Saad Usmani, MD, discusses newly approved treatments for patients with multiple myeloma, as well as combination therapies currently being investigated in clinical trials.
Saad Usmani, MD
With three new drug approvals in November 2015, the treatment paradigm for multiple myeloma is rapidly evolving.
At the 2015 American Society of Hematology (ASH) Annual Meeting, results of a phase I/IIb study that explored the combination of ibrutinib and carfilzomib with or without dexamethasone in patients with relapsed/refractory multiple myeloma.
The study authors concluded that the triplet combination was found to be well tolerated with no dose-limiting toxicities, as well as no increase in severity of known toxicities for the individual drugs.
The third cohort of the study that included the higher dose of ibrutinib (840 mg/d) along with carfilzomib and dexamethasone saw the most promising results, with a preliminary overall response rate (ORR) of 58%, with one stringent complete response and three very good partial responses. Cohort 3b was established as the recommended phase II dose and is being further evaluated in the phase II portion of the study.
These phase I/IIb findings were just one of several data on combination treatments in multiple myeloma discussed at this year's meeting ASH Annual Meeting.
In an interview with OncLive, Saad Usmani, MD, director of the Plasma Cells Disorder Program at the Levine Cancer Institute in Charlotte, North Carolina, discusses these newly approved treatments for patients with multiple myeloma, as well as the combination therapies currently being investigated in clinical trials.Usmani: The carfilzomib and ibrutinib combination clinical trial is a phase Ib/II clinical trial done as a multi-institutional study in patients who are relapsed and refractory and have taken both bortezomib and an immunomodulatory drug in the past. The study summarizes the phase Ib safety, as well as the phase II expanded portion efficacy data. The median prior lines of therapy for these patients was three. About one-quarter of patients had been exposed to carfilzomib and pomalidomide in the past—truly a relapsed and refractory patient population.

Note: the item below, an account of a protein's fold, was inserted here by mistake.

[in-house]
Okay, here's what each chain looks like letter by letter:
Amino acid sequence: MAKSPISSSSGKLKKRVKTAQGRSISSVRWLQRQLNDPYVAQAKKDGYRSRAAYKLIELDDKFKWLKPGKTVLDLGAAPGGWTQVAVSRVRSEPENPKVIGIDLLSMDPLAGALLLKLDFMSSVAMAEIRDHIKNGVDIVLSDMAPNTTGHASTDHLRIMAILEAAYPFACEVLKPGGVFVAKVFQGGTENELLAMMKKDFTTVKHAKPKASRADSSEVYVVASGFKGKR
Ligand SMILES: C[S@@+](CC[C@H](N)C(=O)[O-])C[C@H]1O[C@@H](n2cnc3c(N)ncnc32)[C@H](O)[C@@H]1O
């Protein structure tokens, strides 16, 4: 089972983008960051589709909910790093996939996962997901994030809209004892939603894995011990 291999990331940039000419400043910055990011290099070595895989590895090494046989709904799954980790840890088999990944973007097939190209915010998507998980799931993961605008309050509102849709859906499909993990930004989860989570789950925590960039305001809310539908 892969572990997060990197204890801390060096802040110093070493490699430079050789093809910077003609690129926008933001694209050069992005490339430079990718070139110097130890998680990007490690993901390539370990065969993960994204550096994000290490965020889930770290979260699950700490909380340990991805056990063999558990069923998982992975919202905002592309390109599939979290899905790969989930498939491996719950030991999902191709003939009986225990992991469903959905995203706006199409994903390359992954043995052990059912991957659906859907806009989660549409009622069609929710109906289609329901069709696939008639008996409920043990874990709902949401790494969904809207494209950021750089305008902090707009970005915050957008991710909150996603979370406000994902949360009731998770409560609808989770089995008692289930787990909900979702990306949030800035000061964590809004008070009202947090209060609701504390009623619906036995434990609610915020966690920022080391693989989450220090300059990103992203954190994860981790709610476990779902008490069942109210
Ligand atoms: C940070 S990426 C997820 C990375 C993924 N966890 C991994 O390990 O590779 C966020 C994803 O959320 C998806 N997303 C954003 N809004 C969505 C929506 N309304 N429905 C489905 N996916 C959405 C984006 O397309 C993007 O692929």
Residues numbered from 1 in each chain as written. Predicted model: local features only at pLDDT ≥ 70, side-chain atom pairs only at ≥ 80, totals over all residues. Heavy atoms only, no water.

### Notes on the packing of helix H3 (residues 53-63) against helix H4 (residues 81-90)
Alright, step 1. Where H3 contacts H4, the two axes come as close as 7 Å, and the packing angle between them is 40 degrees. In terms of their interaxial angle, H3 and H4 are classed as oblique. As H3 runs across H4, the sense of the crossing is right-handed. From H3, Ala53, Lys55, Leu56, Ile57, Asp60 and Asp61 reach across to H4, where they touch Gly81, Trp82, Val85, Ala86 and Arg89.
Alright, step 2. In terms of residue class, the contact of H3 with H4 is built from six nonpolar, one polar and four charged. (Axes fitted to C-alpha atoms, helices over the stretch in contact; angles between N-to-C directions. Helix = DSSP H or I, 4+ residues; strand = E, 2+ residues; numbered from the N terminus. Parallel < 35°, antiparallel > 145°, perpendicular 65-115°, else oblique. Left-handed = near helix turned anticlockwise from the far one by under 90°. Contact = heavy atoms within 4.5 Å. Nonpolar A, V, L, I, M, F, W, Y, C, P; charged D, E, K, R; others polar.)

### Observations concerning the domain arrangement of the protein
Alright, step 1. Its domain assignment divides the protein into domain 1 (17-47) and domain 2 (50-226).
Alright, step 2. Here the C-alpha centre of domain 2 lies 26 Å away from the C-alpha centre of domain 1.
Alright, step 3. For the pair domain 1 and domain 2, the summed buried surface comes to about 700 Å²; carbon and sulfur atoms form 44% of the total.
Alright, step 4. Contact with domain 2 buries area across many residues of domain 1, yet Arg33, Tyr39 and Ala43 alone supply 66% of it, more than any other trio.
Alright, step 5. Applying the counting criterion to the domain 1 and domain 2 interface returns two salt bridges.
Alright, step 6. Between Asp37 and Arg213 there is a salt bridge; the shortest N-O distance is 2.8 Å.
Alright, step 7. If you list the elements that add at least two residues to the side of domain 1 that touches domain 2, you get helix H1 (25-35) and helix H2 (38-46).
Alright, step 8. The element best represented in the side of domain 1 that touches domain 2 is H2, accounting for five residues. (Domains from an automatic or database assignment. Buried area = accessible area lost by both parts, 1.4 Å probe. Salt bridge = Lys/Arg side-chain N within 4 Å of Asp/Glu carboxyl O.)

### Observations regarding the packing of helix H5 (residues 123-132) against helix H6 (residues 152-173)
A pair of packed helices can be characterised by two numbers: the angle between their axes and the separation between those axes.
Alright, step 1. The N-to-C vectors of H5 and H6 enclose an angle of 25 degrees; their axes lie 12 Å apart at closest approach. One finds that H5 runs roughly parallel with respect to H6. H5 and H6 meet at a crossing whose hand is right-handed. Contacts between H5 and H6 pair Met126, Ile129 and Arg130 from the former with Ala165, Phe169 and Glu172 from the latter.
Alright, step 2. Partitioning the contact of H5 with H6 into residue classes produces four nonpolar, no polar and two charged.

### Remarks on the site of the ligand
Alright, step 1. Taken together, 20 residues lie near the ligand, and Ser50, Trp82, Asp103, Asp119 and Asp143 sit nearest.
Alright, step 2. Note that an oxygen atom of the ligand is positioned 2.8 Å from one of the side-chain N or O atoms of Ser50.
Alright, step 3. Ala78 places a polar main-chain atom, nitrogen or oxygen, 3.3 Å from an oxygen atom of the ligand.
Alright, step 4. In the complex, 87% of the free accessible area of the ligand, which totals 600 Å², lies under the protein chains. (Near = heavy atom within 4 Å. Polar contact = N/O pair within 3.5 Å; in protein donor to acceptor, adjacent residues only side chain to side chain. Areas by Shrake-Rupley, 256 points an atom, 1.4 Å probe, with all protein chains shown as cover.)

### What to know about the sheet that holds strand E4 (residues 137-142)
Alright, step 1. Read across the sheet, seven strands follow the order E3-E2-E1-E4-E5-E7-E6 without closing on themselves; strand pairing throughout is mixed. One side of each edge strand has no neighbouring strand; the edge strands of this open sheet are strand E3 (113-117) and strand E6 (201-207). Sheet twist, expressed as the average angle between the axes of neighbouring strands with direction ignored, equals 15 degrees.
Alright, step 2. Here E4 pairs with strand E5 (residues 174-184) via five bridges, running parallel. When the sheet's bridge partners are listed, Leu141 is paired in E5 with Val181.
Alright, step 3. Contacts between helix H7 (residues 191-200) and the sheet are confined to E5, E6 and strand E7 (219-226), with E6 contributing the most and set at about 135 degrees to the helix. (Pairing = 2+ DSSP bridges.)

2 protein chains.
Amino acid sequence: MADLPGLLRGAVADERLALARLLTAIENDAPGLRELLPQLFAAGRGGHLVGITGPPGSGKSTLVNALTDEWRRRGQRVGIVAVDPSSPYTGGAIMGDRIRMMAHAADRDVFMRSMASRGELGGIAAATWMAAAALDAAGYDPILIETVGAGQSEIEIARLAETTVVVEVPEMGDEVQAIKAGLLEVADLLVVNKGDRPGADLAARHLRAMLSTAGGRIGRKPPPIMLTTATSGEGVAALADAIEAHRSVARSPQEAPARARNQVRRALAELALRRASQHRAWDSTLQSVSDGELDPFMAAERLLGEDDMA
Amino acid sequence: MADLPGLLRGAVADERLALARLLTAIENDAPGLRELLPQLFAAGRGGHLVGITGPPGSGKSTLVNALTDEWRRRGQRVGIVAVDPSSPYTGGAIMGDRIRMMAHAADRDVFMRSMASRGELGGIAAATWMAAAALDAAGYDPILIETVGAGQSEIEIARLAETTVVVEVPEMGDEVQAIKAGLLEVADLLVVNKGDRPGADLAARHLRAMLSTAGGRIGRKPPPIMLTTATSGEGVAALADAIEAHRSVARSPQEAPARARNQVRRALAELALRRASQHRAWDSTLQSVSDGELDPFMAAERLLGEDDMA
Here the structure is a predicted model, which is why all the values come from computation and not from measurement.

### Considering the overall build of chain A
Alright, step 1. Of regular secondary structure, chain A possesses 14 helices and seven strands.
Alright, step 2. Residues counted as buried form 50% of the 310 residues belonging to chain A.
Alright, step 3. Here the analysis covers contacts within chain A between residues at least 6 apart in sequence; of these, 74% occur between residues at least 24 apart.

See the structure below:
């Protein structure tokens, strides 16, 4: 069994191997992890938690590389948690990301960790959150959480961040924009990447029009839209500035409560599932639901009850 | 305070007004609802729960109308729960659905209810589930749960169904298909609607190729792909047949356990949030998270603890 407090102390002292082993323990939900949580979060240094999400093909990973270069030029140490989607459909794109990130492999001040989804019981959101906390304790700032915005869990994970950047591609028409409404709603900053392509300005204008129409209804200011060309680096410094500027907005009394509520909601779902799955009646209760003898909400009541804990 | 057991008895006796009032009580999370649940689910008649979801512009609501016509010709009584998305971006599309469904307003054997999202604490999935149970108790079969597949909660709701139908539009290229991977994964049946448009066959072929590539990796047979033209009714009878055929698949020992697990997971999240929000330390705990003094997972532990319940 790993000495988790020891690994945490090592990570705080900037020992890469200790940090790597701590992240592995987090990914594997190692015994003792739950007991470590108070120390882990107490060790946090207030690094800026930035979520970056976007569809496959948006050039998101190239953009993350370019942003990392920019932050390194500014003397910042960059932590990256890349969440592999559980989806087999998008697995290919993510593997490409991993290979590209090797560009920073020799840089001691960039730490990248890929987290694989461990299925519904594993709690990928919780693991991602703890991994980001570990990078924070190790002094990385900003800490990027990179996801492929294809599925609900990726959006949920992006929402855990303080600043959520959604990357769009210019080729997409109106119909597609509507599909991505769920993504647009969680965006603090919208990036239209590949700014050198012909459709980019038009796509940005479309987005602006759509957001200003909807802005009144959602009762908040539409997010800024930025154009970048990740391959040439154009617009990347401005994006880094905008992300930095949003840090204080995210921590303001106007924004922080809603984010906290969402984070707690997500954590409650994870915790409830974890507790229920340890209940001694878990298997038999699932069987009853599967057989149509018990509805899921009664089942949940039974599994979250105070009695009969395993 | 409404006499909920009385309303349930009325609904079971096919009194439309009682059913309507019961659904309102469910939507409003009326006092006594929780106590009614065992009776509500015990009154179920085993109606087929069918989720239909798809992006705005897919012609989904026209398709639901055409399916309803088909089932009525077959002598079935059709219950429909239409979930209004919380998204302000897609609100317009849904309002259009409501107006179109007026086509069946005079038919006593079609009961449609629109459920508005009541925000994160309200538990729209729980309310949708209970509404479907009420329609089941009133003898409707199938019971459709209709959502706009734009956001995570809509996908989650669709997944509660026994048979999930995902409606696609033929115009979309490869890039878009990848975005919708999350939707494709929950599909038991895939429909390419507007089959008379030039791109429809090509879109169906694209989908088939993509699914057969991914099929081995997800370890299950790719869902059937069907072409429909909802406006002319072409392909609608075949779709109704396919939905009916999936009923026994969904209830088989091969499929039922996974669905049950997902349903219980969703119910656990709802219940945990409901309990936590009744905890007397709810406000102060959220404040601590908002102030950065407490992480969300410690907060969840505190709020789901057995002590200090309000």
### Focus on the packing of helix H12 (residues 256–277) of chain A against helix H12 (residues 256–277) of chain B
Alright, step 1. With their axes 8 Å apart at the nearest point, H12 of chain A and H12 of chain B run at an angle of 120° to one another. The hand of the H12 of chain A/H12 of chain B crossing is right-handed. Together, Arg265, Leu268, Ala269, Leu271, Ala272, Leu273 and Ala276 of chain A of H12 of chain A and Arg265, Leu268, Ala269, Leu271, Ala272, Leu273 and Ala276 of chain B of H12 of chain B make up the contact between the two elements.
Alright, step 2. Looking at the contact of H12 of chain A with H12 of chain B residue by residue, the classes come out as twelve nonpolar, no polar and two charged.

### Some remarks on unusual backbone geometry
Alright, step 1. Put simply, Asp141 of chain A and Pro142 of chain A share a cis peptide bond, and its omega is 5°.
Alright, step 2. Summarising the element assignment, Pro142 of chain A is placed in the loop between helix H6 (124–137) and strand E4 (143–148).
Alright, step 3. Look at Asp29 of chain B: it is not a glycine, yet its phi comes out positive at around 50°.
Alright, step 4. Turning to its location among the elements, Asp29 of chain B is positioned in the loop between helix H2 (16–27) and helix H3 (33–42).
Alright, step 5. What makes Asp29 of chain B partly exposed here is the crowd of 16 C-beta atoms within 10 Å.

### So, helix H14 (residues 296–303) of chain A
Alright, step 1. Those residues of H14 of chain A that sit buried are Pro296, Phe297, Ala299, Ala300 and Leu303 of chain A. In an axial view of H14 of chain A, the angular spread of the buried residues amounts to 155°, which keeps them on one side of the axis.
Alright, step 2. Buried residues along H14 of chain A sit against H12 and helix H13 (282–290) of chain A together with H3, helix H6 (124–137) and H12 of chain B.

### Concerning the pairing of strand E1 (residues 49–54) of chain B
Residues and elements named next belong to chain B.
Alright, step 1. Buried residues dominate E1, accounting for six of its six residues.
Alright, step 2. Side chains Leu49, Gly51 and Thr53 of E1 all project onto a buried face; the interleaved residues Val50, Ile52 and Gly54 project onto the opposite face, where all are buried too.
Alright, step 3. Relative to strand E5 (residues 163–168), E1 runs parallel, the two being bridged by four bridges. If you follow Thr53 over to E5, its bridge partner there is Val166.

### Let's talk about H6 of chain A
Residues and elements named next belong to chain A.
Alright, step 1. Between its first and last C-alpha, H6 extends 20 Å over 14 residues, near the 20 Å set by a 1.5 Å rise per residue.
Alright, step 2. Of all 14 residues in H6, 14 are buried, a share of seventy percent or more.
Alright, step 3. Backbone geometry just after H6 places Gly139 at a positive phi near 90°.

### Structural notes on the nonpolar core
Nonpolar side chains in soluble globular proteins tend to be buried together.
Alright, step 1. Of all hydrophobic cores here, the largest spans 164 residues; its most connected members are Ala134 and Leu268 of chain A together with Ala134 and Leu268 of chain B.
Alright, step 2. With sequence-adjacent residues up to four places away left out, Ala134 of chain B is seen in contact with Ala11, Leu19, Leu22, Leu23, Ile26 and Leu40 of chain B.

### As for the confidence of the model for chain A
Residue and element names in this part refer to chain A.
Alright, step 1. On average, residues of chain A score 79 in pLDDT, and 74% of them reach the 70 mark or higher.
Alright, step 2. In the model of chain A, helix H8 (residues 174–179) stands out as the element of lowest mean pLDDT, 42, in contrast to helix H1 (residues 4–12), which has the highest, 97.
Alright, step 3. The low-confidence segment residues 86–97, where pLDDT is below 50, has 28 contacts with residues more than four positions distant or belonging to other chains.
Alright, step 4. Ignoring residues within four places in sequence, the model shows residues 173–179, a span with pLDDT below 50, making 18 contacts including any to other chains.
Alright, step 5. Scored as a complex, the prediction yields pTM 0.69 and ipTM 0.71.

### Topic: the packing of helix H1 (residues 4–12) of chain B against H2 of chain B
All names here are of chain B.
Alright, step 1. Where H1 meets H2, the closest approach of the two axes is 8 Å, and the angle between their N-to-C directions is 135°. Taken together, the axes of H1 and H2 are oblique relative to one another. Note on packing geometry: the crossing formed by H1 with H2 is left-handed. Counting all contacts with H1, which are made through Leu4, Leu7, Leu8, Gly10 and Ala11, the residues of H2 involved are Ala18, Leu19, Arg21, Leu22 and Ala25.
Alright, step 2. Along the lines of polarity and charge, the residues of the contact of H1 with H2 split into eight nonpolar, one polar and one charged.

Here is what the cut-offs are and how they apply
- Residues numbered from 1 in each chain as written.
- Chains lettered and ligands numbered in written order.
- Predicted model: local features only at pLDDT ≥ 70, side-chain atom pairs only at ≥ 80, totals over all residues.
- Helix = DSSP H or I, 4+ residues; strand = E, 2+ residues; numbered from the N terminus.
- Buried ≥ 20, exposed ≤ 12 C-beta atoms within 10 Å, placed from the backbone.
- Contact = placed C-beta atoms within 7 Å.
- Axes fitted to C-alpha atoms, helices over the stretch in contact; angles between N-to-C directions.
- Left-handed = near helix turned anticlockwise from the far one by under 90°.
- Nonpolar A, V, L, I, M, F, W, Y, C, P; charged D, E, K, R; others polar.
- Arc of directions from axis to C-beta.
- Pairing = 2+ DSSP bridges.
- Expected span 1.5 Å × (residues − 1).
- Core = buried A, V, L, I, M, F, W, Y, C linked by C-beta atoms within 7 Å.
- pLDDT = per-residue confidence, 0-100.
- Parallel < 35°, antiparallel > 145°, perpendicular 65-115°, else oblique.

The response rates that were seen with this combination, in the whole group, were about 58%. A total of 58% partial response (PR) or better were seen, and clinical benefit rates were 67%. There were a subgroup of patients [that had] less than a PR, but still benefited from being on therapy. In terms of safety, there were no significant dose-limiting toxicities seen, and the cohorts in the phase Ib portion filled up fairly quickly. Since these are very encouraging results, I believe there are plans to do a further dose expansion and perhaps plan a phase III study in the future.There was nothing unexpected. We do appreciate, that within relapsed/refractory patients, there are infectious complications or certain complications that are already known and attributable to carfilzomib and ibrutinib, but the combination didn't see any new safety signals.Yes, I believe so. The main idea is to develop different platforms from the classical immunomodulatory drug/proteasome inhibitor platform and try to approach the disease, perhaps, differently mechanistically. As malignant myeloma cells become savvy with these relapses, you find specific ways of targeting those patients with relapsed/refractory myeloma. I think the main challenge will be determing which combination works for which patient. We will be relying more on molecular profiling of patients, and determining therapies based on that.The carfilzomib with or without filanesib is a randomized phase II study, again, done in a multi-institutional fashion. Jeff Zonder, MD, presented these data at the 2015 ASH Annual Meeting. The study was a 2:1 randomization between carfilzomib, along with filanesib, and the other arm was carfilzomib, or commercial carfilzomib on its own. This particular study was going to be a segue into a broader phase III study, which would have mirrored the current design.